I think I started getting told I will be "a wonderful mother some day" when I was about twelve years old. It was a pretty frequent refrain in my coming of age, and then time in college and my masters degrees. When I worked as a resident life coordinator, I was called casually,"dorm mom" and I took that title seriously. When Owen and I lived in Leiden I was asked if I was pregnant or "when do you think you'll you have kids?" many, many times. I don't say this to complain, and I do see these comments as compliments, but I only mean to say that that my whole life I've fit the mold of what people think of when they think of "a wonderful mother" without always thinking about what kind of mother I'd like to be.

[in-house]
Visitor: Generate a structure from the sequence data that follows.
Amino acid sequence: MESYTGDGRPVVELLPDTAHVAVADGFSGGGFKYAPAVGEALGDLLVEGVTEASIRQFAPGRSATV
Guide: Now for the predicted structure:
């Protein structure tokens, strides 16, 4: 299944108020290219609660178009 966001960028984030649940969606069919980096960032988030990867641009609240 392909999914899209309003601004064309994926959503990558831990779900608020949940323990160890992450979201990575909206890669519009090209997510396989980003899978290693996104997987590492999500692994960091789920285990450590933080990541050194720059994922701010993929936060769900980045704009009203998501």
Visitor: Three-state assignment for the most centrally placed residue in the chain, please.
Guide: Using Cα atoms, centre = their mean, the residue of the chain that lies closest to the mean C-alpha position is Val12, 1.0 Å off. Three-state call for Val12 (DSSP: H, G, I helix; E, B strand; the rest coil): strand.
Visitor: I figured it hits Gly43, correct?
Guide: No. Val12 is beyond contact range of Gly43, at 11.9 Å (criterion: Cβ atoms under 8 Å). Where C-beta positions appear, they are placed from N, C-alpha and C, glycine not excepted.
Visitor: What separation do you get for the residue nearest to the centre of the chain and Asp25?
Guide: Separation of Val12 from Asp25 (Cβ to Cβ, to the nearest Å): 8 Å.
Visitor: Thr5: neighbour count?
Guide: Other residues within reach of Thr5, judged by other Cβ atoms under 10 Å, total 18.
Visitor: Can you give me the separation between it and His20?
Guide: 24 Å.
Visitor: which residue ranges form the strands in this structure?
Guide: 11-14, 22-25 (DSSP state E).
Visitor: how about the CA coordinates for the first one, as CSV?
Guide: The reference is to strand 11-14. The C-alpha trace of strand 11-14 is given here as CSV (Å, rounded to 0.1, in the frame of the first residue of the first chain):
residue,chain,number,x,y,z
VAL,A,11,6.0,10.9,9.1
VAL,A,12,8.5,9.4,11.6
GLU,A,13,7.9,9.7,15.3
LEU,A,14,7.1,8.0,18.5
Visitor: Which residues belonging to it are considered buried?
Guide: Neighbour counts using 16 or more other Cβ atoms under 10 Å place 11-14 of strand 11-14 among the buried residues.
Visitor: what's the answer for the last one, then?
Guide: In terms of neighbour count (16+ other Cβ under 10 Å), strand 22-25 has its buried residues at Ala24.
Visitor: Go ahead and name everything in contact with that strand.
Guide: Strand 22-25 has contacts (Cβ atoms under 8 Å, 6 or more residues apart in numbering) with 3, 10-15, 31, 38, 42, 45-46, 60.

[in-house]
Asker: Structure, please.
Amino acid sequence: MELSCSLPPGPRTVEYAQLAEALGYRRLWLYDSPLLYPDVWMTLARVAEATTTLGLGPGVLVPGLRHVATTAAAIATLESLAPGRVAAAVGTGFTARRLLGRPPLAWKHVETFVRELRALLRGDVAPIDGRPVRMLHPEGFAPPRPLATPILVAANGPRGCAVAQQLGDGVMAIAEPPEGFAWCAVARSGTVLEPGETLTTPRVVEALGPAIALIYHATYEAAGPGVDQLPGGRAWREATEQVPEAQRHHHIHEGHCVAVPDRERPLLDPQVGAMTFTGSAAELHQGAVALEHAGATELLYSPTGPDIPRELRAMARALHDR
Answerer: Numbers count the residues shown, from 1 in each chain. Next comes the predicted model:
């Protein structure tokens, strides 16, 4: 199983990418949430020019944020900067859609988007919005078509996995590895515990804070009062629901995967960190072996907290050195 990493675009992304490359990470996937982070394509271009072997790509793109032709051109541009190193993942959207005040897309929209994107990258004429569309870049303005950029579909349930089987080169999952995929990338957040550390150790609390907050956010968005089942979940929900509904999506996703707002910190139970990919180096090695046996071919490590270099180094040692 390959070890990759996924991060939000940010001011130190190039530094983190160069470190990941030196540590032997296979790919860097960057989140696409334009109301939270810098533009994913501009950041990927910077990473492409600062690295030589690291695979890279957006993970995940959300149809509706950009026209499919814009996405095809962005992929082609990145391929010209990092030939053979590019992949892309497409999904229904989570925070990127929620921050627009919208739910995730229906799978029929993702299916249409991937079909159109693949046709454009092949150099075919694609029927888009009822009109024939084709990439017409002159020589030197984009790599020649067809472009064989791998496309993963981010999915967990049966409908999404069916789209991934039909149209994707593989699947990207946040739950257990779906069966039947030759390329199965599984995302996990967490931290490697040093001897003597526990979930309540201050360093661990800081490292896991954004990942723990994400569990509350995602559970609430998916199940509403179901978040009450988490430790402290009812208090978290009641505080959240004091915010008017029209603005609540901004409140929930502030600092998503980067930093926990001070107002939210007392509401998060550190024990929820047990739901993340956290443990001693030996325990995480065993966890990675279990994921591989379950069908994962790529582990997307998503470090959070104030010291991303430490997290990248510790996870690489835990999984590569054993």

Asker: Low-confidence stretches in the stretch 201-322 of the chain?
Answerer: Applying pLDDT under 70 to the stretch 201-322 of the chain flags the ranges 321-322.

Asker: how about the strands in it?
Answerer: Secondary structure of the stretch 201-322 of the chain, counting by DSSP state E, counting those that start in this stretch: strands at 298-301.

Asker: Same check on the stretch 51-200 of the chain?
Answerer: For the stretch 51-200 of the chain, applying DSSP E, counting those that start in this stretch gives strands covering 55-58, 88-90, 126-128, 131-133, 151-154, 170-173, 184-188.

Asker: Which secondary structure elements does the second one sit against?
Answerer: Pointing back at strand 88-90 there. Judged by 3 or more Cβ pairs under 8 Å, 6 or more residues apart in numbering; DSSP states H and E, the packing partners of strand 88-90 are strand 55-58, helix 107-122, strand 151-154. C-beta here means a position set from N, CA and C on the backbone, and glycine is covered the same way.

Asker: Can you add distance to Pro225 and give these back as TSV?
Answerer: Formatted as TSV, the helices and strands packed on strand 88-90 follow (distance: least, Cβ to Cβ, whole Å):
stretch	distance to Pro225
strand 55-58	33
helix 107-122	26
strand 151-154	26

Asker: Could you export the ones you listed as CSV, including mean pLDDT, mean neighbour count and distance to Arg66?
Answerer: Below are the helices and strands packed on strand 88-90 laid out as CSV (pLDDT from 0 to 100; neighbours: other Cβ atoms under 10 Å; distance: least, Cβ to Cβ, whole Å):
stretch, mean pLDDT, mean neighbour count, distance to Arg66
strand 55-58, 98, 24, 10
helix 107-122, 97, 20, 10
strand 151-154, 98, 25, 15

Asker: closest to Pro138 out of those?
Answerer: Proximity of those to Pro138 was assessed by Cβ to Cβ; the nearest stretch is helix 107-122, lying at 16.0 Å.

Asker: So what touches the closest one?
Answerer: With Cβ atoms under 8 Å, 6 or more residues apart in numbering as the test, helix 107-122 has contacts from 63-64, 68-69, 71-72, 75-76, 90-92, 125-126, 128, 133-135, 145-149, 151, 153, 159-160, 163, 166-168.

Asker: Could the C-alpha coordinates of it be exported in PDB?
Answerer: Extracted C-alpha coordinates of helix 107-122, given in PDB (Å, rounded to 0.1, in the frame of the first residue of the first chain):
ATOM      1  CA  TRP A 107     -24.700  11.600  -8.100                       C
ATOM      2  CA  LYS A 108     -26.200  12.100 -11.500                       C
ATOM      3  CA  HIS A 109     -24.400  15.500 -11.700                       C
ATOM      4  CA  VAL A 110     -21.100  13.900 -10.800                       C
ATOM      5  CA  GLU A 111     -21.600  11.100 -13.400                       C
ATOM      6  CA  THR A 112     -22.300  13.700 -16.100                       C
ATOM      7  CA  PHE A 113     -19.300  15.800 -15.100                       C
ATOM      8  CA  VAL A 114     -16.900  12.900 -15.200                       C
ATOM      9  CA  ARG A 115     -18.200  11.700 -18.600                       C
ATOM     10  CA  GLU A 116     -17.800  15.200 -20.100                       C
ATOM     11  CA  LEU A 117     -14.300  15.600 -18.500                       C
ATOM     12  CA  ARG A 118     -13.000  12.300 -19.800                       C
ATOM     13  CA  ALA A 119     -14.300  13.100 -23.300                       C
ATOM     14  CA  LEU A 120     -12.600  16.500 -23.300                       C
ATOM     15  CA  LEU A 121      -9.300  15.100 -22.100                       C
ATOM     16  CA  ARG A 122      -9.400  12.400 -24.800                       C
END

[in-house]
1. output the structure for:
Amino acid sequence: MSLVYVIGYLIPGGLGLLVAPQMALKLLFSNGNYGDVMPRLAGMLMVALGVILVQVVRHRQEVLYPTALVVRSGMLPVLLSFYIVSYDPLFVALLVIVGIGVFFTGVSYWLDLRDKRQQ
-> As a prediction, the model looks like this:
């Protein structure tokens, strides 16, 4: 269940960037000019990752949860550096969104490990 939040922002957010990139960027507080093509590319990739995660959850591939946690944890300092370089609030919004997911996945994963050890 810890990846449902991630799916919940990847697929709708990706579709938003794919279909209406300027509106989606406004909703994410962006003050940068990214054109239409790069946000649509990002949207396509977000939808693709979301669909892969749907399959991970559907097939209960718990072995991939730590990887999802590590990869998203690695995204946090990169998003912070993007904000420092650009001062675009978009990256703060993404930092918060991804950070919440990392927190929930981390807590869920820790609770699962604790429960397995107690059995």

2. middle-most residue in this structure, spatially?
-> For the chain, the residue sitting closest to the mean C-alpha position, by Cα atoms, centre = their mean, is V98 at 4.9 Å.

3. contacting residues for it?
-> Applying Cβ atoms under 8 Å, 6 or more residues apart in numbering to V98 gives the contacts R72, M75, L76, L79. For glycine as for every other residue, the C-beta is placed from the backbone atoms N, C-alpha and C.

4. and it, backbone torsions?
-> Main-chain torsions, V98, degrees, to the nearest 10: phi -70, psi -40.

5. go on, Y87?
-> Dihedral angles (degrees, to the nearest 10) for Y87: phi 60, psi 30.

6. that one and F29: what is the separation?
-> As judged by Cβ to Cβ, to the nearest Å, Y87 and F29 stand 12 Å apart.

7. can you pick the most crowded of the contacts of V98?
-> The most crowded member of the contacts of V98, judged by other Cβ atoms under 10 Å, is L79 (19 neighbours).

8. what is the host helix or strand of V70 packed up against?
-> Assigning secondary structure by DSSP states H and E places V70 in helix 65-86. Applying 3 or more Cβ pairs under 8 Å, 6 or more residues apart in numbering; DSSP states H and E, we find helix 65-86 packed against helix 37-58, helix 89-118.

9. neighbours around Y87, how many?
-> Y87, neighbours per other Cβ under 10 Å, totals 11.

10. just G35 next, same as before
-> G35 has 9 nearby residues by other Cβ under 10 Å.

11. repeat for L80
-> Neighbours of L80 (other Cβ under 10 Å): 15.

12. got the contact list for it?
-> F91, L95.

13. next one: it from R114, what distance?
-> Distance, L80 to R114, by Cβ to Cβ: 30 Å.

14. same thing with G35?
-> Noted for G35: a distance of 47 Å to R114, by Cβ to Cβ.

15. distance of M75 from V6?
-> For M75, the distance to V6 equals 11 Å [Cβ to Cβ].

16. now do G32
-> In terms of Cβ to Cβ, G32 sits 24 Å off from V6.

Mothers do so much of the caregiving in this world. The loving, the feeding, the anticipating of conflict, the peacemaking, the calming, the supporting, the behind the scenes jobs, the basic routines of life, the organizing, the making sure the bag is packed with everything everyone will need, the watching the bags while everyone else engages in the activities, the prep for every emergency, and balm for every hurt. I am a huge fan of nearly all of these tasks, but less of a fan of them always falling to the same portion of society. My hope is that we can move away from the assumption that it's the mother's job to do these things, because I want these things to be everyone's job, and for mothers to also receive care. I worry about the ways in which the work of motherhood is referred to as "priceless" or of "infinite value" as a way of justifying the ways in which women are so often paid nothing for the essential work they do in this world, and even the under-recognition towards mothers is turned inside out as some sort of virtue of humility.